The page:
A growing body of work uses Natural Language Processing (NLP) methods to automatically generate medical notes from audio recordings of doctor-patient consultations. However, there are very few studies on how such systems could be used in clinical practice, how clinicians would adjust to using them, or how system design should be influenced by such considerations. In this paper, we present three rounds of user studies, carried out in the context of developing a medical note generation system. We present, analyse and discuss the participating clinicians’ impressions and views of how the system ought to be adapted to be of value to them. Next, we describe a three-week test run of the system in a live telehealth clinical practice. Major findings include (i) the emergence of five different note-taking behaviours; (ii) the importance of the system generating notes in real time during the consultation; and (iii) the identification of a number of clinical use cases that could prove challenging for automatic note generation systems.
In recent years, machine learning models have rapidly become better at generating clinical consultation notes; yet, there is little work on how to properly evaluate the generated consultation notes to understand the impact they may have on both the clinician using them and the patient’s clinical safety.To address this we present an extensive human evaluation study of consultation notes where 5 clinicians (i) listen to 57 mock consultations, (ii) write their own notes, (iii) post-edit a number of automatically generated notes, and (iv) extract all the errors, both quantitative and qualitative. We then carry out a correlation study with 18 automatic quality metrics and the human judgements. We find that a simple, character-based Levenshtein distance metric performs on par if not better than common model-based metrics like BertScore. All our findings and annotations are open-sourced.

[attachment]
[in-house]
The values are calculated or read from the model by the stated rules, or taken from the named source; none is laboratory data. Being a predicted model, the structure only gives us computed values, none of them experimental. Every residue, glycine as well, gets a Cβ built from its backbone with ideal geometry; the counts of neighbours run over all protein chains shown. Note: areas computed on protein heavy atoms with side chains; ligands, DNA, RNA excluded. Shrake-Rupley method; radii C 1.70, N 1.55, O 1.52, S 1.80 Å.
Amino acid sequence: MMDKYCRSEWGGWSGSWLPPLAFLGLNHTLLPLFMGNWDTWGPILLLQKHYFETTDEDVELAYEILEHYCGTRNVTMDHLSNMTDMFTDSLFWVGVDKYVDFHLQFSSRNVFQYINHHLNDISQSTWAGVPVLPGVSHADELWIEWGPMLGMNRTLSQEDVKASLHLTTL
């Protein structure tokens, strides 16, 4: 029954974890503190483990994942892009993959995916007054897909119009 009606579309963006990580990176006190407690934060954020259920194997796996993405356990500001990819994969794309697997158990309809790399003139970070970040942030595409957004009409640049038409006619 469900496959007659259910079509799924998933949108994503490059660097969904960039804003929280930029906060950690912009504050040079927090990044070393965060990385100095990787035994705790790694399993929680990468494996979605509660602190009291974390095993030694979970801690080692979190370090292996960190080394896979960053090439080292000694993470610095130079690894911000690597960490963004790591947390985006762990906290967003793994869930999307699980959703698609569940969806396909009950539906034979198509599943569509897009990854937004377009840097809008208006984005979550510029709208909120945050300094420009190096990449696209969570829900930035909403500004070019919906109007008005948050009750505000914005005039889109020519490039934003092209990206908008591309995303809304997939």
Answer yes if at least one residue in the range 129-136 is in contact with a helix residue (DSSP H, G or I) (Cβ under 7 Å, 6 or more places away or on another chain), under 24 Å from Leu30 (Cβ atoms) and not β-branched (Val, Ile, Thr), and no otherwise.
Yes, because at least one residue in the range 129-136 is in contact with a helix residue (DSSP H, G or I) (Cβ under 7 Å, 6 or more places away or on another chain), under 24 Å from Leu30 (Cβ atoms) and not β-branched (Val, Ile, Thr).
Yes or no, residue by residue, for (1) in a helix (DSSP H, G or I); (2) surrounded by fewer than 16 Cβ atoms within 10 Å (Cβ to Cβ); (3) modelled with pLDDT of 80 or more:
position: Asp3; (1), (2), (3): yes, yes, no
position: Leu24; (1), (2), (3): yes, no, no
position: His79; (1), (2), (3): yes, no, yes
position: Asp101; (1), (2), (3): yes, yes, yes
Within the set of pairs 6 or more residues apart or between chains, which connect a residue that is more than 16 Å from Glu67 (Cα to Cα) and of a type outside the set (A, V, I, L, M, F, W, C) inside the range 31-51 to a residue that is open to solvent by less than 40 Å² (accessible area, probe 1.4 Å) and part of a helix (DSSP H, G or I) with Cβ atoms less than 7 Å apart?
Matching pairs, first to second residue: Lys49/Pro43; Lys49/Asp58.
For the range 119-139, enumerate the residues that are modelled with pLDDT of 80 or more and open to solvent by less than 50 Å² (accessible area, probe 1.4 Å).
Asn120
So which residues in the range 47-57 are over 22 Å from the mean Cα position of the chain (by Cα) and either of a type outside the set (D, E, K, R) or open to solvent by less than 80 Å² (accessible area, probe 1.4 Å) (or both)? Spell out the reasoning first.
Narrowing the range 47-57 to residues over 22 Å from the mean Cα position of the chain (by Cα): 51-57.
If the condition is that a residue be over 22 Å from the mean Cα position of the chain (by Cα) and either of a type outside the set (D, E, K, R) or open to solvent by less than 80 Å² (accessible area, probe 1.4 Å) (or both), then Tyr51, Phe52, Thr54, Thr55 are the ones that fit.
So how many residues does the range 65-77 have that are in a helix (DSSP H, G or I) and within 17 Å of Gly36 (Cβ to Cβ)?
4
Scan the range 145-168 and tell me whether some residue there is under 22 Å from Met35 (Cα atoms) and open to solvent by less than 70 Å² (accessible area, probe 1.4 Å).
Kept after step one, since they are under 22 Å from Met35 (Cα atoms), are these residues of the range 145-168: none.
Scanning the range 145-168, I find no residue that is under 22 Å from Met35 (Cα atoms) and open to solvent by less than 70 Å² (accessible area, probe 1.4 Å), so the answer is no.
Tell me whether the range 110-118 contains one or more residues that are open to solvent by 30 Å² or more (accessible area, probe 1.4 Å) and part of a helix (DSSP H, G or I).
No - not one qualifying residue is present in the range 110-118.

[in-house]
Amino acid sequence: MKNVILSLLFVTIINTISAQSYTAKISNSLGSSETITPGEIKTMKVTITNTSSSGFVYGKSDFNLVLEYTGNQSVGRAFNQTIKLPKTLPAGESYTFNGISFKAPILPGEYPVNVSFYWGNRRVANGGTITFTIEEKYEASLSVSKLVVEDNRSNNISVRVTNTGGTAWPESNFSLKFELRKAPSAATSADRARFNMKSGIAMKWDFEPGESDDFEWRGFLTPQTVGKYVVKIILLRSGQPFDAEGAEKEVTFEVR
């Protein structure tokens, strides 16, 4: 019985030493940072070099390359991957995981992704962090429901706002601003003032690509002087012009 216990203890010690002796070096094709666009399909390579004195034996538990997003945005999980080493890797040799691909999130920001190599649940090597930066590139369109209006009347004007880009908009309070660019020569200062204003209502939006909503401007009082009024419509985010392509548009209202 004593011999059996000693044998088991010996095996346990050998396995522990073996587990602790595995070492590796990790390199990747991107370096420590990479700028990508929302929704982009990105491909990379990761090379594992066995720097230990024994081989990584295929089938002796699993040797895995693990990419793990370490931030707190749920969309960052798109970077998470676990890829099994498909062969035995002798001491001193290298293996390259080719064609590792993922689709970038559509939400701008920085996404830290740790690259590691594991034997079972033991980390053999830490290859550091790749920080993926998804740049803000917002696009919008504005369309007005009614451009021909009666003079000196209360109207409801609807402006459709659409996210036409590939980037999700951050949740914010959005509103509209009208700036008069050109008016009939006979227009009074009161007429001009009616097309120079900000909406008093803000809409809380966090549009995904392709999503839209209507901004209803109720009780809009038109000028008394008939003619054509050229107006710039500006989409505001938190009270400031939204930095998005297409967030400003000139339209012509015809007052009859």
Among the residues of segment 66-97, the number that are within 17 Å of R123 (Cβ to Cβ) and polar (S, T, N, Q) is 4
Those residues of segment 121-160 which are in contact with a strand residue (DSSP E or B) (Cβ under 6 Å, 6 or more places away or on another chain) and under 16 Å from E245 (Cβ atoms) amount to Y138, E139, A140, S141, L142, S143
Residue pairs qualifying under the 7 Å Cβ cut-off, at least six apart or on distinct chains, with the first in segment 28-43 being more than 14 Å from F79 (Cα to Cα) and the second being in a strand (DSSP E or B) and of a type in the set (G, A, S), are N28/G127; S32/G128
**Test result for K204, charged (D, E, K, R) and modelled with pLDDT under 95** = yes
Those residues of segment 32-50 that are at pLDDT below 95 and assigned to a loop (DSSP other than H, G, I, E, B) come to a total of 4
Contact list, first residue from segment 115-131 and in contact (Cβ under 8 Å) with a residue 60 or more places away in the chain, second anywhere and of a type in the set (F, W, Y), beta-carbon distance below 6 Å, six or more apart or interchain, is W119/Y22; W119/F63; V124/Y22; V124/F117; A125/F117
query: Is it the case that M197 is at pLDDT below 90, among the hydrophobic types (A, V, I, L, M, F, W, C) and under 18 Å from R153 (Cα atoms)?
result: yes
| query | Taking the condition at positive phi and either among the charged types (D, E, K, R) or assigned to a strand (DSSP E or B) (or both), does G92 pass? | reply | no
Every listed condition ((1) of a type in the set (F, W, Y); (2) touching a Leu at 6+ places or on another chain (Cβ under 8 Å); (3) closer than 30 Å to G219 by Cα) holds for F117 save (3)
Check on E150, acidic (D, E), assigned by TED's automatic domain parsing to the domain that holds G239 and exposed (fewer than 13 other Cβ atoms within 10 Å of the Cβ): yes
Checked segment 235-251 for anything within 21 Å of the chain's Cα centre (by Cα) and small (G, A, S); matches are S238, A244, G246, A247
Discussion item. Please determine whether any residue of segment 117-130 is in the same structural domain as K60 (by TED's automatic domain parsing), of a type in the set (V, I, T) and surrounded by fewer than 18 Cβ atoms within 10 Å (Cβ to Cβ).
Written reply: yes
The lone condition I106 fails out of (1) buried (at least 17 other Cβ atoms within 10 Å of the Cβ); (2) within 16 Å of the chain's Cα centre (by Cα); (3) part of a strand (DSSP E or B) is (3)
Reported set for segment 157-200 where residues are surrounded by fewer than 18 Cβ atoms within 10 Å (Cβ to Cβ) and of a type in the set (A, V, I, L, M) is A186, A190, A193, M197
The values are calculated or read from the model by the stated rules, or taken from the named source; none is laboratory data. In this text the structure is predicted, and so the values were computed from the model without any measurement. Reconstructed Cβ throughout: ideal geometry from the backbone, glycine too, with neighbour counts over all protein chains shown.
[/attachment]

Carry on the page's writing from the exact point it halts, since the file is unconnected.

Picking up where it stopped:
Recent advances in Automatic Speech Recognition (ASR) have made it possible to reliably produce automatic transcripts of clinician-patient conversations. However, access to clinical datasets is heavily restricted due to patient privacy, thus slowing down normal research practices. We detail the development of a public access, high quality dataset comprising of 57 mocked primary care consultations, including audio recordings, their manual utterance-level transcriptions, and the associated consultation notes. Our work illustrates how the dataset can be used as a benchmark for conversational medical ASR as well as consultation note generation from transcripts.
We propose a method for evaluating the quality of generated text by asking evaluators to count facts, and computing precision, recall, f-score, and accuracy from the raw counts. We believe this approach leads to a more objective and easier to reproduce evaluation. We apply this to the task of medical report summarisation, where measuring objective quality and accuracy is of paramount importance.
Automatic summarisation has the potential to aid physicians in streamlining clerical tasks such as note taking. But it is notoriously difficult to evaluate these systems and demonstrate that they are safe to be used in a clinical setting. To circumvent this issue, we propose a semi-automatic approach whereby physicians post-edit generated notes before submitting them. We conduct a preliminary study on the time saving of automatically generated consultation notes with post-editing. Our evaluators are asked to listen to mock consultations and to post-edit three generated notes. We time this and find that it is faster than writing the note from scratch. We present insights and lessons learnt from this experiment.